One of my most treasured books is a first edition of Herman Wouk's novel "Caine Mutiny". Published in 1951, it won the Pulitzer Prize and it was on the New York Times Bestseller List for 122 weeks. I was pleasantly surprised to find at this time of me writing this blog posting, that Herman Wouk is still alive and 100 years old.
The movie version of Caine Mutiny starring Humphrey Bogart (pictured above) is pretty cheesy, and didn't give a tenth of the subtext that the book gave.
Briefly, the story takes place during World War II in the Pacific naval theater on an obsolete Destroyer Minesweeper called the USS Caine. Since Wouk himself served on two of these types of ships, and his naval career followed the trajectory of an officer in the book, the level of detail of running a naval warship is stunning and intricately documented.
The story line goes like this. An ineffective, incompetent captain is assigned to the ship. His name is Queeg, and in the movie he is played by Humphrey Bogart. Queeg tries to mask and overcome his incompetence by becoming a martinet, blaming his crew for his mistakes and covering up acts of cowardice in battle. His behavior gets weirder as his commanders dress him down for his mistakes while commanding the Caine.
During a typhoon, an able, but not an intellectual executive officer named Maryk countermands a Queeg order to maintain fleet course that would have sunk the ship. The ship would have floundered by sailing with the wind and sunk in the high waves. Instead Maryk saves the ship by correctly heading into the wind face on to last out the winds and waves using the powerful engines of the destroyer to hold his position in the most stable way possible. As a result of the action, some of the crew is charged with mutiny, and the denouement is the court martial trial.
In the book, the author details that minutia that enables reservists like shoe salesmen, factory workers and college students to conduct naval warfare on a historic scale with competence that rivals the great sea battles such as those fought by John Paul Jones and Lord Admiral Nelson.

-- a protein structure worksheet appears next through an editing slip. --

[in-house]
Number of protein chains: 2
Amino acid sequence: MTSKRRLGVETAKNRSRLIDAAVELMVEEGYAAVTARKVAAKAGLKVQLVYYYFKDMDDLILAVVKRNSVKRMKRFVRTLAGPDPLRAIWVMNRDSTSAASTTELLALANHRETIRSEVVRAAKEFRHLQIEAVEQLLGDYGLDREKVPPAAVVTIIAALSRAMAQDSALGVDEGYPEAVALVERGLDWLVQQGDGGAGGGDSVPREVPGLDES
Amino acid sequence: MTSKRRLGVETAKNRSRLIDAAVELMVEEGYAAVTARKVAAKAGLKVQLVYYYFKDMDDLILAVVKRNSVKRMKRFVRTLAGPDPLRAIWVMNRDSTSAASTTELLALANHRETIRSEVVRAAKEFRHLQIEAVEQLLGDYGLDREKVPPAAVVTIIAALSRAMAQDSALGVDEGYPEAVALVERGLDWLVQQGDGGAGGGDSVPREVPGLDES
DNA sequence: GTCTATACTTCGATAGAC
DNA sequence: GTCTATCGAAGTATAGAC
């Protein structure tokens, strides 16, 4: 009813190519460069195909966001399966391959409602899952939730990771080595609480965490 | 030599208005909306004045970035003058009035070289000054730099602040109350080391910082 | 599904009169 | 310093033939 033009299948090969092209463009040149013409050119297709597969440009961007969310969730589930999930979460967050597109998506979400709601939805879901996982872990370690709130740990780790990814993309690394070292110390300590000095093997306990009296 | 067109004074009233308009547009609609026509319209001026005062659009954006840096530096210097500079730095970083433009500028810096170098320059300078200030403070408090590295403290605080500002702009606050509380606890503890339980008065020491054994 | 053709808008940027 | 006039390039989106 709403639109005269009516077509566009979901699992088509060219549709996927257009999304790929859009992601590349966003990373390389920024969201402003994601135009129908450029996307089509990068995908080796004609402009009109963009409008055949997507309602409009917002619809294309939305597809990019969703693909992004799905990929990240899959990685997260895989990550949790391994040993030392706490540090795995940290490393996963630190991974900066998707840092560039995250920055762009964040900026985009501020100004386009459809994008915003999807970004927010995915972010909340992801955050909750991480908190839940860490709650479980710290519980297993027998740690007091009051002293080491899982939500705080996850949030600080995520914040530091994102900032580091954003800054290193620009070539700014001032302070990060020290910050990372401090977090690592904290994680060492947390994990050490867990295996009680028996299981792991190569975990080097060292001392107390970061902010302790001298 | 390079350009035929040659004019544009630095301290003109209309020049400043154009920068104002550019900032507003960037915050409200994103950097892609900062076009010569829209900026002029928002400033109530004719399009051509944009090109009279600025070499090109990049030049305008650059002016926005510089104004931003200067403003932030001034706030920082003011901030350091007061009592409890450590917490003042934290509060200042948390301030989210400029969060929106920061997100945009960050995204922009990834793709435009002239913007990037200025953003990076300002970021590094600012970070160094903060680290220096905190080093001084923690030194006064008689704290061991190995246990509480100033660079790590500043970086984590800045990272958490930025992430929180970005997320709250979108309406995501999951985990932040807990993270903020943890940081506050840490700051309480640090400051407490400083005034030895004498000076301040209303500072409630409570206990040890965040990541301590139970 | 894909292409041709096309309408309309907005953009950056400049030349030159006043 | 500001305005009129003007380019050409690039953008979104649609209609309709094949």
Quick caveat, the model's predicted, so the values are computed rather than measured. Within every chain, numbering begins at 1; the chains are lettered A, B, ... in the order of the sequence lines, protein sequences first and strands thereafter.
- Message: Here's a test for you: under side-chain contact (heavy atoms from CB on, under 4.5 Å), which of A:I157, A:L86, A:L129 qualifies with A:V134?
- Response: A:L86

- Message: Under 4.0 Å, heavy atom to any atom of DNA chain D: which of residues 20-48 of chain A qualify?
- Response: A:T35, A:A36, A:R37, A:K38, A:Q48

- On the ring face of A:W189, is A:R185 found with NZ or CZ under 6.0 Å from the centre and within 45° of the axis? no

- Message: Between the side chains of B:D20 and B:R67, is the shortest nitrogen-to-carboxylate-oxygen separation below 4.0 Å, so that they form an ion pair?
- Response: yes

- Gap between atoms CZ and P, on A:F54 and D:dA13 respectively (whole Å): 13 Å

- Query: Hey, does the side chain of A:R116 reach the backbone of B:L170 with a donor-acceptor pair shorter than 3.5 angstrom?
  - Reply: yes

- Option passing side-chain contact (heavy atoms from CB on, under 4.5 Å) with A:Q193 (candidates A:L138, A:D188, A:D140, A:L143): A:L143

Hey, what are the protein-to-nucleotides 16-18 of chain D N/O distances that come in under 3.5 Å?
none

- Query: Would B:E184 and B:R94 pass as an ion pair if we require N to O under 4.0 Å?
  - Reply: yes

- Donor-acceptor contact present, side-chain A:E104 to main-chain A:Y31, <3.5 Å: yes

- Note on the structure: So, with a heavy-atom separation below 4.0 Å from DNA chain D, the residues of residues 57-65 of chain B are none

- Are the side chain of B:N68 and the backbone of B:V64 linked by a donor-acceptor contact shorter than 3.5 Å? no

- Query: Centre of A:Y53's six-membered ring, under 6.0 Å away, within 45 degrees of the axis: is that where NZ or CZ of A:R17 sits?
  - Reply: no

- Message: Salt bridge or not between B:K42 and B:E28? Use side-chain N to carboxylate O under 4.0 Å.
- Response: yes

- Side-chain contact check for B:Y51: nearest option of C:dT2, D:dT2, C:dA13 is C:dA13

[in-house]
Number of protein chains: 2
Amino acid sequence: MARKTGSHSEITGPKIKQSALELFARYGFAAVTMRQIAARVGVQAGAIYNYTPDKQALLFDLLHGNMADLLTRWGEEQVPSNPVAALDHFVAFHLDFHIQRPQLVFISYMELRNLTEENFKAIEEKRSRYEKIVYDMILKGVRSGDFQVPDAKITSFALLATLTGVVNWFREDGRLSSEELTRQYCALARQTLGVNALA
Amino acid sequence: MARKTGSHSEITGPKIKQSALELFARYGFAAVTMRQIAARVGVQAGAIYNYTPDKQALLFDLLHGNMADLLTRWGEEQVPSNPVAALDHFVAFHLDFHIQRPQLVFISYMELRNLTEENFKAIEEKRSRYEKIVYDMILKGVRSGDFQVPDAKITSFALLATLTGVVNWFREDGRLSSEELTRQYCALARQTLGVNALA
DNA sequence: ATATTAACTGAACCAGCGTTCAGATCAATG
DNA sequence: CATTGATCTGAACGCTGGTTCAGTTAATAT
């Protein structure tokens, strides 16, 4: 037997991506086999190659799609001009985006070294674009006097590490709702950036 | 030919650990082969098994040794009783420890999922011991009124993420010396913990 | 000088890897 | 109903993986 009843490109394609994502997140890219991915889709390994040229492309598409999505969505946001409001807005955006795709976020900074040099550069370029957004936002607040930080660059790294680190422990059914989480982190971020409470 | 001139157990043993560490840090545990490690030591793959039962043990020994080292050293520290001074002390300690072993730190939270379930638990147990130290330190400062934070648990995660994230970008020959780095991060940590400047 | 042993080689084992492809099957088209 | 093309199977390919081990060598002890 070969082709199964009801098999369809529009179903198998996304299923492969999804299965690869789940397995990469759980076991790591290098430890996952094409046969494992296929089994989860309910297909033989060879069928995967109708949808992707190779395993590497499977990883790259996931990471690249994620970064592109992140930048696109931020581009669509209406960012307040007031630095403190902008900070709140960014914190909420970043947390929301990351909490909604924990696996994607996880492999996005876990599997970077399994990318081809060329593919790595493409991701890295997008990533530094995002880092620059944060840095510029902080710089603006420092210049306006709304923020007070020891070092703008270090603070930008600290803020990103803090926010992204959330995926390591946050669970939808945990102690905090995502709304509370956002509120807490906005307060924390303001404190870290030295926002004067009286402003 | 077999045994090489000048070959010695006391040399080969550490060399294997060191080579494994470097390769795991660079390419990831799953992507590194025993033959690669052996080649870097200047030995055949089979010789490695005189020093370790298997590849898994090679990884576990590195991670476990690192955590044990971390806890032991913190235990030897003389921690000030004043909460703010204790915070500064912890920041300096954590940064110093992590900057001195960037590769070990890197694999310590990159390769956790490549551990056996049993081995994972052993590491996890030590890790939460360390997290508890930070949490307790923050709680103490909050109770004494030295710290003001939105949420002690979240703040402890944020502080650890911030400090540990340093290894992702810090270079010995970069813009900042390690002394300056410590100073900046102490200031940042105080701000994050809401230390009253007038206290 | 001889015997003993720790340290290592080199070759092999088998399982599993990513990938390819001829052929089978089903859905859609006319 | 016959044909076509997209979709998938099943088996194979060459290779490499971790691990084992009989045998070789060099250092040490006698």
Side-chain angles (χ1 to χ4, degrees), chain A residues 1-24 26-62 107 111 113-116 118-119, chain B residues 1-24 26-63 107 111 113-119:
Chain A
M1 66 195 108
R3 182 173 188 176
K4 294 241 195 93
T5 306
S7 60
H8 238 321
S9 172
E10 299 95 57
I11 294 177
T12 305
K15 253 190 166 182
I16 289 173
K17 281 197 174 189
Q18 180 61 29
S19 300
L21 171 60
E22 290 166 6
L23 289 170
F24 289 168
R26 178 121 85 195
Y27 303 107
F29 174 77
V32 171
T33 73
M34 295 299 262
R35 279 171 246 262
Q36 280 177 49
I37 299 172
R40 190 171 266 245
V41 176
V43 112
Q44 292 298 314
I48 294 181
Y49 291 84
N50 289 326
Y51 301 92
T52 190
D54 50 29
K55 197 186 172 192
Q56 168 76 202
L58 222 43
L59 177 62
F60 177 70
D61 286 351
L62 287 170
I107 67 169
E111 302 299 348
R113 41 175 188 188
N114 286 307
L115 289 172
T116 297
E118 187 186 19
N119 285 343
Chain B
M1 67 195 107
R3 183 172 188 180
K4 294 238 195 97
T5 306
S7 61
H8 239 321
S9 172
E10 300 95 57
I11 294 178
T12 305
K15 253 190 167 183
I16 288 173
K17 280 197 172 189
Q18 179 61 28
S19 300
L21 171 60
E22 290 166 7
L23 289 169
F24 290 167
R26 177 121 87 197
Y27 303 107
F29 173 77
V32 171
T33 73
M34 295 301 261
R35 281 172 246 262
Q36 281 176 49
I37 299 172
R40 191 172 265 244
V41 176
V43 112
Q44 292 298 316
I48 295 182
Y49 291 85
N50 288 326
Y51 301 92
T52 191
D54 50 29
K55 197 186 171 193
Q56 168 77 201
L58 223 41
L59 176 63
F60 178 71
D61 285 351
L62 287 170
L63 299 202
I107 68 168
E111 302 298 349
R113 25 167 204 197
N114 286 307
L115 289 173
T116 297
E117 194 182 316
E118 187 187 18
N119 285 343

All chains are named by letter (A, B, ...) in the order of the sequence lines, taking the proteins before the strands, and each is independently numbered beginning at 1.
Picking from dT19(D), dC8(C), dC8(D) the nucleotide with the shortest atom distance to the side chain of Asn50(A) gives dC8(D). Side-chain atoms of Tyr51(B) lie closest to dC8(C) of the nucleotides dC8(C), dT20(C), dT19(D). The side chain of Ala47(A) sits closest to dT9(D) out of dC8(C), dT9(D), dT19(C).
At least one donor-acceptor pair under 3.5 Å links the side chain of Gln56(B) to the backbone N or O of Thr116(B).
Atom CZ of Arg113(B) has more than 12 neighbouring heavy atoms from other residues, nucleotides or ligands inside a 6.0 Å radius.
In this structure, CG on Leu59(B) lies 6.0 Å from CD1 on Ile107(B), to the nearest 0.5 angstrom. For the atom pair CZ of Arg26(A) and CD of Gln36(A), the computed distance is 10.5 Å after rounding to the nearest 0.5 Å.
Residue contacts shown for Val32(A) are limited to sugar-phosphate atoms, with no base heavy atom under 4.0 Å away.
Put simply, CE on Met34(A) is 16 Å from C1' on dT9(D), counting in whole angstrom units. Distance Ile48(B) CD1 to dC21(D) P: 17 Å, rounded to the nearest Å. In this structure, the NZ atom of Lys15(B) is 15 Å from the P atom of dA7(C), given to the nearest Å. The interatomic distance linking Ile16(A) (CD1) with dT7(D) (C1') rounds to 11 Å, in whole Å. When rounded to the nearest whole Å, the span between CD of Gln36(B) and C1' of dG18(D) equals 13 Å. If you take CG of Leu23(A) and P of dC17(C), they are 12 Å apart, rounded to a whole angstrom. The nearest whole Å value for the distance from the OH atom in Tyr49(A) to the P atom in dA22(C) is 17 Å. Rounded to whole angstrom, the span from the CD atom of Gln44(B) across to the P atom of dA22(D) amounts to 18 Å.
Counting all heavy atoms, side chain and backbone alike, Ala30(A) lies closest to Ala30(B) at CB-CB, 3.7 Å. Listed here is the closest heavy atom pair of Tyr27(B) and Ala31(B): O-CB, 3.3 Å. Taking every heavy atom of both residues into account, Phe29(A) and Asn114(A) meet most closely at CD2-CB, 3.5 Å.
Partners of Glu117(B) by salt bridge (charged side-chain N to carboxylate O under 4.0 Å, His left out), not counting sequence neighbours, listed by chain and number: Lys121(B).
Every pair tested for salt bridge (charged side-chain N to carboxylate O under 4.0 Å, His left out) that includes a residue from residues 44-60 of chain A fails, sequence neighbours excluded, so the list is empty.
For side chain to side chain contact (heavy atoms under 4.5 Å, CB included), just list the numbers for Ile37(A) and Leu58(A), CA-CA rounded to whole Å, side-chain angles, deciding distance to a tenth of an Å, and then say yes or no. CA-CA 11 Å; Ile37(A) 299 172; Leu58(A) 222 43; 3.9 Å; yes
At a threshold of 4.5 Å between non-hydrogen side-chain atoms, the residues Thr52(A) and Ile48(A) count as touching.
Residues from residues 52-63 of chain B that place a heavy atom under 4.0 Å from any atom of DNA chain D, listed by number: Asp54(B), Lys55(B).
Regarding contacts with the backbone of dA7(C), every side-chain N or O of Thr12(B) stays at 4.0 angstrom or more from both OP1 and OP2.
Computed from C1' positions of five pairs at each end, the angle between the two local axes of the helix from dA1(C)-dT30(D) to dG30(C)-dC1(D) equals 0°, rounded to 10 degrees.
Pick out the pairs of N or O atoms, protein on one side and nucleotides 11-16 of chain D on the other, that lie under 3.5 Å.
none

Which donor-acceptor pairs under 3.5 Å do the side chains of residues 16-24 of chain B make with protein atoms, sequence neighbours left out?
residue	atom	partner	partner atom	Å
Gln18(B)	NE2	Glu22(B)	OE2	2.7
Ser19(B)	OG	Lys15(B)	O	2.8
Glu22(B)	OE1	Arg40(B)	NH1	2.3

So what does this have to do with AI, and self-driving cars? This is a James Burke Connections moment. In the book, the protagonist is a young, rich, immature ensign and former playboy named Willie Keith. Through the course of the book, he matures as a person and rises through the ranks to eventually become the captain of the USS Caine. As a young initiate and a commissioned officer, he is assigned OOD or Officer of the Deck. He learns how to navigate, calculate courses, issue commands that keep the ship and fleet zigzagging to avoid submarine torpedo and maintain a sonar net around the fleet. He is the captain's representative when the captain is not on the bridge.
As OOD, Willie has to sign the log book at the end of his watch, and the first time that he signs it, it is a single notation: "Steaming as before. Willie Seward Keith USNR". This was highly instructive to me as it was a Eureka moment for my thoughts on self-driving cars, and the whole reason why I brought up the Caine Mutiny in the first place.
The author, Herman Wouk was quite accurate in the mundane details of how the ship is run, and what it did while sailing in convoy, and what he had to execute as his own OOD duties when he served about the USS Zane and the USS Southard. The log would record the course that they were sailing, but would not record the zigs, zags, changes of course, the swapping out of positions for the sonar submarine screen with other destroyers in the convoy, and other "housekeeping" details. These were not logged. But the important events were, and the navy would eventually review those logs if something extraordinary happened. The logs would hold lessons for a postmortem analysis.